Graduate Program Frequently Asked Questions (FAQ)
Applying to graduate school and obtaining a graduate degree are complicated processes with many possibilities and pitfalls. In case the other graduate studies web pages have not yet answered your questions, below is a list of frequently asked questions and accompanying answers. These are divided into questions arising before applying to CSE and questions arising after acceptance to the program.
For directions on how to apply, please visit the graduate admission Application Procedures.
For other information, please see the Frequently Asked Questions of the Office of Graduate Studies and Research.
Questions Before Applying to the CSE Graduate Program
- How do I choose whether to apply to the MS or PhD program?
- Can I take CSE graduate courses without being a matriculated student?
- When is the graduate application deadline?
- Can I apply course credit from another institution toward my degree requirements if I am admitted?
- I've already applied to the program and am waiting to hear back. When will I know if I am accepted?
- Can I complete my graduate degree part-time?
- My Bachelors isn't in CS. What kind of background should I have before applying to the program?
- I've taken courses from UCSD Extension and elsewhere, how many credits can I transfer?
- I have an MS degree in CS. If I get accepted to your PhD program, do I have to take all those classes over again?
- I don't have enough money to pay the application fee. Can you help?
- What criteria do you use for acceptance into your programs?
- I can't afford to pay for graduate school. Can you help?
- Should I take the Computer Science GRE Subject Exam?
Questions After Getting Accepted
- How do I find a place to live near campus?
- This is my first quarter, where do I start?
- So should I take four or five core courses, like when I was an undergraduate?
- So what do I do after finishing the course work?
- What is a research advisor, anyway?
- I'm a Masters student. How do I choose between the thesis and comps?
- There aren't enough courses offered in my concentration this year for me to finish on time. What can I do?
- So what's the difference between CSE 293, 298, and 299? They all sound like independent studies.
The answer to this question depends upon the individual's career goals.
Our PhD program is designed for students interested in research and university-level teaching in computer science and computer engineering. The program prepares individuals for careers in academia as a professor at a research university or liberal arts college, or as a researcher in an industry or government research laboratory. The program typically takes 4-6 years to complete.
Our MS program is designed for individuals who are interested in further developing their knowledge and skill base in a rigorous academic program in preparation for either a PhD program or a professional position. With the diverse interests and goals of our students in mind, the program offers a flexible curriculum with either a research (thesis) track or a comprehensive exam. A well prepared student can complete the program in 1 year of full-time study.
Students who want to take courses for personal enrichment or to prepare for applying to a CSE graduate program can enroll in graduate classes (with permission of the instructor) through the UCSD Extension Concurrent Enrollment Program . Up to six of these courses may be transferred to your M.S. or Ph.D. degree if you are later accepted to the CSE graduate program.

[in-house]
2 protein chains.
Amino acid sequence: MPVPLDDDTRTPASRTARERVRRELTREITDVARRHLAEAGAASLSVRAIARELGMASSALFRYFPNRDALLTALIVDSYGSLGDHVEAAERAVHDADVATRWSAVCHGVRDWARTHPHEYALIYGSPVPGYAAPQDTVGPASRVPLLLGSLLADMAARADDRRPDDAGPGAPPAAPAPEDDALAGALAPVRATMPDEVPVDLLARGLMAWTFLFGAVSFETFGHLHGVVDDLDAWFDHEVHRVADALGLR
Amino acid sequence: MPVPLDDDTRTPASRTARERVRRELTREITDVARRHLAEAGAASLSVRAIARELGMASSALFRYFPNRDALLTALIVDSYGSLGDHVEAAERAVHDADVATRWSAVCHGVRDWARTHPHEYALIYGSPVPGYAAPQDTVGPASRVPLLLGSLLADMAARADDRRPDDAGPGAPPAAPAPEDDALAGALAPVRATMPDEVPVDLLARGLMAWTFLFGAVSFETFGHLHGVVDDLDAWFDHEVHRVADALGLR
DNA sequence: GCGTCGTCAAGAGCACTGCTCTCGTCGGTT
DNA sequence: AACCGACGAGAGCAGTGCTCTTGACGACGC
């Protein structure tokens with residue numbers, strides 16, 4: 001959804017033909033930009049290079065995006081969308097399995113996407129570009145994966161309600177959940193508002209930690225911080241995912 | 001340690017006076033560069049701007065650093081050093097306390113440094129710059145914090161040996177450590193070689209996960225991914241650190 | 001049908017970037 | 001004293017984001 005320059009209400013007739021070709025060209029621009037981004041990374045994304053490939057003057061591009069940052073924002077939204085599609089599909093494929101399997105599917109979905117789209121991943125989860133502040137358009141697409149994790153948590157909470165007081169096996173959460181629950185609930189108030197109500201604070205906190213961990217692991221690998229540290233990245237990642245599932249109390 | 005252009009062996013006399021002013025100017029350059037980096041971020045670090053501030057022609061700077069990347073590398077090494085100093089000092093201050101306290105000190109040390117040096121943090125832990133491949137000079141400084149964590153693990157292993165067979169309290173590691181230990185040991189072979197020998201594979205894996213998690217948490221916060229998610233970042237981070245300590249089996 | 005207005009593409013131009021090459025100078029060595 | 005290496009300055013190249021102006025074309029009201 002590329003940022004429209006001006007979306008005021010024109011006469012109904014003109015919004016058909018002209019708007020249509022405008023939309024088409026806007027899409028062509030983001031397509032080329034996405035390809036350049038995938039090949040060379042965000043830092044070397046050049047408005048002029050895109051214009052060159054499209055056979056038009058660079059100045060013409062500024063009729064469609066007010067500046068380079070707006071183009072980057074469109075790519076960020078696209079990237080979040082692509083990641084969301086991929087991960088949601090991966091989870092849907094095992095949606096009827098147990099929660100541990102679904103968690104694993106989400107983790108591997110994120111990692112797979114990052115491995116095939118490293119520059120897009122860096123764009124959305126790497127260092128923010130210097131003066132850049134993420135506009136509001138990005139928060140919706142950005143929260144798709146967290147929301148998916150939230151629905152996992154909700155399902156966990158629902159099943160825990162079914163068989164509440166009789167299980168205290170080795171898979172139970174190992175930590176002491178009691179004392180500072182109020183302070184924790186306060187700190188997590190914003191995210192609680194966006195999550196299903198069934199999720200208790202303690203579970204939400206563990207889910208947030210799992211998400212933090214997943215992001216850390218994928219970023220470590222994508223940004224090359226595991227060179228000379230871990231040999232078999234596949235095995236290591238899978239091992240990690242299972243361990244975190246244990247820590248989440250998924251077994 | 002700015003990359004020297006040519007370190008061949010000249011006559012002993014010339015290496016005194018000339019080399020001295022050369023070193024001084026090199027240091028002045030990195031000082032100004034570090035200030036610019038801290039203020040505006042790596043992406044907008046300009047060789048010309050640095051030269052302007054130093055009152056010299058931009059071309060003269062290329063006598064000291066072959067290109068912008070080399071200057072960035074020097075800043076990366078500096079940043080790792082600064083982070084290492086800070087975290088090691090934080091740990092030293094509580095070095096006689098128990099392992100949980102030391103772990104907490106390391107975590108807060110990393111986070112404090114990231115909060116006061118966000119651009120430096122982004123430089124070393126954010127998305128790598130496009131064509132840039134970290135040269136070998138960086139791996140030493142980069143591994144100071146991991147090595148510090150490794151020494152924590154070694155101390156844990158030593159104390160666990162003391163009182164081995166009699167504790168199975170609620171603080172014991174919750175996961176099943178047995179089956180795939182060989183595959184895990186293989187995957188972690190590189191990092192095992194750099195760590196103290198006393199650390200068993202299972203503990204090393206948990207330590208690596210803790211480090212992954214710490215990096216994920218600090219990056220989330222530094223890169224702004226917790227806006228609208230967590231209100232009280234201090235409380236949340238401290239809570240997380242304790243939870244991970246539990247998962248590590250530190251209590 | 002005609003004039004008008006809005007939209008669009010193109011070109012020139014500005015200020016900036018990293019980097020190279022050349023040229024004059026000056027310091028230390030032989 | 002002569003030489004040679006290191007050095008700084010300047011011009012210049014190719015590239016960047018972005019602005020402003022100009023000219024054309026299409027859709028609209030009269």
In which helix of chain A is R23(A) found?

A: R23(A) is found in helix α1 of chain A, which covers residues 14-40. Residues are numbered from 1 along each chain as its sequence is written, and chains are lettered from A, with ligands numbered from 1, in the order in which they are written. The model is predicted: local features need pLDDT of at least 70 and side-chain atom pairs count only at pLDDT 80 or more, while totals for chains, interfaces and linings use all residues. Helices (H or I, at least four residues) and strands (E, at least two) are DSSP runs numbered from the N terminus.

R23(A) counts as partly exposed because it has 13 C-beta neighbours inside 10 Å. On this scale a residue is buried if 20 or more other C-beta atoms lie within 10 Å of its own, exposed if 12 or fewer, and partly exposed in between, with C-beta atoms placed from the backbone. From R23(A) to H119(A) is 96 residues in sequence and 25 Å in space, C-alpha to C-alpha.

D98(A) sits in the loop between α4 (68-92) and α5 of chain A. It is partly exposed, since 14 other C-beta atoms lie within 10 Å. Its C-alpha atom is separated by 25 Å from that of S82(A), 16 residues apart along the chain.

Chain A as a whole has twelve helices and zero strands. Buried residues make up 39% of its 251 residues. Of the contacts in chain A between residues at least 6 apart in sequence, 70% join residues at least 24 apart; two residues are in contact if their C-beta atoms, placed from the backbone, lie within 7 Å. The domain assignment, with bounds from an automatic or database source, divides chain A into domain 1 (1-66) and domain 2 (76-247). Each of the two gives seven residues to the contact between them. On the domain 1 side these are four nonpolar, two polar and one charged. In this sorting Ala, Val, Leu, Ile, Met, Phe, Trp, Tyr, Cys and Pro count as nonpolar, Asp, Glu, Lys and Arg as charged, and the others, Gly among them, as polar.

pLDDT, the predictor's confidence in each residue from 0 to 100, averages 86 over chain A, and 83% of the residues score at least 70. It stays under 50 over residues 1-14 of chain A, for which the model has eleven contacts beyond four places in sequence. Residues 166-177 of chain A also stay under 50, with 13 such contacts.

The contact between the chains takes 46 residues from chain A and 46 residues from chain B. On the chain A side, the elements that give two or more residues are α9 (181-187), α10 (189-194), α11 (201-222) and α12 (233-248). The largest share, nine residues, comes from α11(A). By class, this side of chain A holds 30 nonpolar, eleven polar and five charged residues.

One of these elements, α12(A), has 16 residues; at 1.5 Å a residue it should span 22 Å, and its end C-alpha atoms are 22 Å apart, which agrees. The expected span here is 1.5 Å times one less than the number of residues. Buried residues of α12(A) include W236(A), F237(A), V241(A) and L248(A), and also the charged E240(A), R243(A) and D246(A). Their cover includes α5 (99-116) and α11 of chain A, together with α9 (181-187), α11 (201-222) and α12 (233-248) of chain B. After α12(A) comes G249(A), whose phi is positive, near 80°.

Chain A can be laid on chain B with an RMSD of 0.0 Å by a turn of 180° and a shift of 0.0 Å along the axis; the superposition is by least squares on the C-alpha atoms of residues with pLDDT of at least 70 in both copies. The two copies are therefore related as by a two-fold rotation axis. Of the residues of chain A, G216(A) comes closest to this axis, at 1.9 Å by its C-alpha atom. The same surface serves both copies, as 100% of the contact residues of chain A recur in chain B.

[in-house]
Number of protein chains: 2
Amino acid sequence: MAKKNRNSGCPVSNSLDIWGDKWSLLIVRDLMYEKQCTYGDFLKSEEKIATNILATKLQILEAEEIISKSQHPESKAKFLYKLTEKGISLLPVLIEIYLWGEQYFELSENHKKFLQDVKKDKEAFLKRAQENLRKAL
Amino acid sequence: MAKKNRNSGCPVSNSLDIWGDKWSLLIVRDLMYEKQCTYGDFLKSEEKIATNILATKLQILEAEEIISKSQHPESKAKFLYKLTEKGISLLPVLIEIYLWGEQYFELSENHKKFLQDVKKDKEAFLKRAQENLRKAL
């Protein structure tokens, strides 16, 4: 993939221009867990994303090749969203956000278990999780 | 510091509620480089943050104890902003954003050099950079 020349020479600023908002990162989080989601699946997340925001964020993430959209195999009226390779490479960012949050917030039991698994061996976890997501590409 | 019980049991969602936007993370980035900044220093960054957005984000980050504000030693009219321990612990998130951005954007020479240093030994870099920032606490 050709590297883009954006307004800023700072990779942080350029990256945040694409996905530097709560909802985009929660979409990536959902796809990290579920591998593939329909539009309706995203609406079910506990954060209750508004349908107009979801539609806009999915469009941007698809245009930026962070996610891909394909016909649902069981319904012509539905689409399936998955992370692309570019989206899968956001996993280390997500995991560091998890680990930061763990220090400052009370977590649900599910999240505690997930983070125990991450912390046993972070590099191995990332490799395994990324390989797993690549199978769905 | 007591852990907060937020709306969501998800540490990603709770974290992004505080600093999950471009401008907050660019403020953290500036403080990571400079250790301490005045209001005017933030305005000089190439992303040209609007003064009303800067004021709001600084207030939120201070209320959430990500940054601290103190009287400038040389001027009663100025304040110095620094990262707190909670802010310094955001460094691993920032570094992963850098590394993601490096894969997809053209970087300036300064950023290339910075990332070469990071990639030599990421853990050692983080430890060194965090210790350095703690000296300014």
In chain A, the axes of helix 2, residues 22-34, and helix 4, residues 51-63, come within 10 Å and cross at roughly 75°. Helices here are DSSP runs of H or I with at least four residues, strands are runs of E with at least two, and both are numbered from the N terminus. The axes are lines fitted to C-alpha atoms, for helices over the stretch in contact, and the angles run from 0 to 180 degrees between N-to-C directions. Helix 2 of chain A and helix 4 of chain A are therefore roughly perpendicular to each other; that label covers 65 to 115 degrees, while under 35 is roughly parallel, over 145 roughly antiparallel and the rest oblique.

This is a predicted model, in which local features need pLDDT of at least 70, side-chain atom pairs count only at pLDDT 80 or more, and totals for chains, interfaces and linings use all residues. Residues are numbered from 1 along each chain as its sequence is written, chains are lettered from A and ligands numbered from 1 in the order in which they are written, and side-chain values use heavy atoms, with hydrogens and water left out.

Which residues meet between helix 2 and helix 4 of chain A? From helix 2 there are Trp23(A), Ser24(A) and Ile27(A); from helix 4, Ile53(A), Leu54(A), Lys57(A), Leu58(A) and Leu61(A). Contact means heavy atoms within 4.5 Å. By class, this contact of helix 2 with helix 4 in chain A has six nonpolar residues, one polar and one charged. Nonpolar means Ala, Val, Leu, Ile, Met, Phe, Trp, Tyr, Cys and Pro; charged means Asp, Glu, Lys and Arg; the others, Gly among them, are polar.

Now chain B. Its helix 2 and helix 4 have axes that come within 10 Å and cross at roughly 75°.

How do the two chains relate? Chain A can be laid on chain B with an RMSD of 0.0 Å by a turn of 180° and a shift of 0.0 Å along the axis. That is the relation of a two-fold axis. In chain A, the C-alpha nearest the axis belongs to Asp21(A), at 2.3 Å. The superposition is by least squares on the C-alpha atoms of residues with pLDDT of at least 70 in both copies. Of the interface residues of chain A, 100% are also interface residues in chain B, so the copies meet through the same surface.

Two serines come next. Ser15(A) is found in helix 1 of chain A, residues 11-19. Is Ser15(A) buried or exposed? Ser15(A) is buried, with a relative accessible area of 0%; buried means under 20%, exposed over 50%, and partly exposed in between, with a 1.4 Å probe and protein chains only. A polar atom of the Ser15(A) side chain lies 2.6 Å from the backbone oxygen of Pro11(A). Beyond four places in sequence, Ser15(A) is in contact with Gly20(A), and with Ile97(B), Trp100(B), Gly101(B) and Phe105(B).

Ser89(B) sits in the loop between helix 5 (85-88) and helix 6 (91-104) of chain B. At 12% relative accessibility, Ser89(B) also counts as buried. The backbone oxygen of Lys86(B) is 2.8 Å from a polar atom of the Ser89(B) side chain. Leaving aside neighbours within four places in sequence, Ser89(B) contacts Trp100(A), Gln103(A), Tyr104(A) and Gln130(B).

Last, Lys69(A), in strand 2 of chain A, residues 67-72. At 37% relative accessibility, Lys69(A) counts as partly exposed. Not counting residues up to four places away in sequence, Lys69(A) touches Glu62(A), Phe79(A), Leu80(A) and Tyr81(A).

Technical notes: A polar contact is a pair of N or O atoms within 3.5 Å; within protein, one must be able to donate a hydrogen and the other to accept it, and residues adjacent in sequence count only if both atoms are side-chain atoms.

The application deadline for Fall 2006 admission is January 5, 2006 with a preferred deadline of December 1, 2005 for Ph.D. applicants. As long as your application is submitted by the deadline, your application will be considered valid. However, applicants are discouraged from waiting until the last moment to apply. The application review process begins almost immediately after the deadline and any delays in receiving an application and/or accompanying application materials can be detrimental to an applicant's chances of admission. The deadline for receiving supporting materials is January 20, 2006.
A limited number of units may be transferred if the courses in question are approved by the Graduate Committee. As a general guideline, a maximum of 6 courses can be tranferred from a UC, and up to 2 from a non-UC institution.
We will begin notifying applicants sometime in February.
Many of our M.S. students complete their degrees part-time, but working on the degree part-time can double or triple the time required to complete it. The Ph.D. program is full-time only.
To be considered for admission to any of our graduate programs, students usually have a Bachelors degree in computer science, computer engineering, or a related discipline like electrical engineering. Occasionally applicants with degrees in fields such as mathematics or physics are considered for admission to the program, especially if they have some computer science background, such as a CS minor. In special circumstances, alternative undergraduate preparation will be considered (e.g., a biology major may be appropriate for a student interested in the application of information and computer science to biological problems, such as bioinformatics).
Below are some general guidelines that can be gleaned from our undergraduate program. Before applying to our program, you should definitely have mastered the equivalent of the following courses: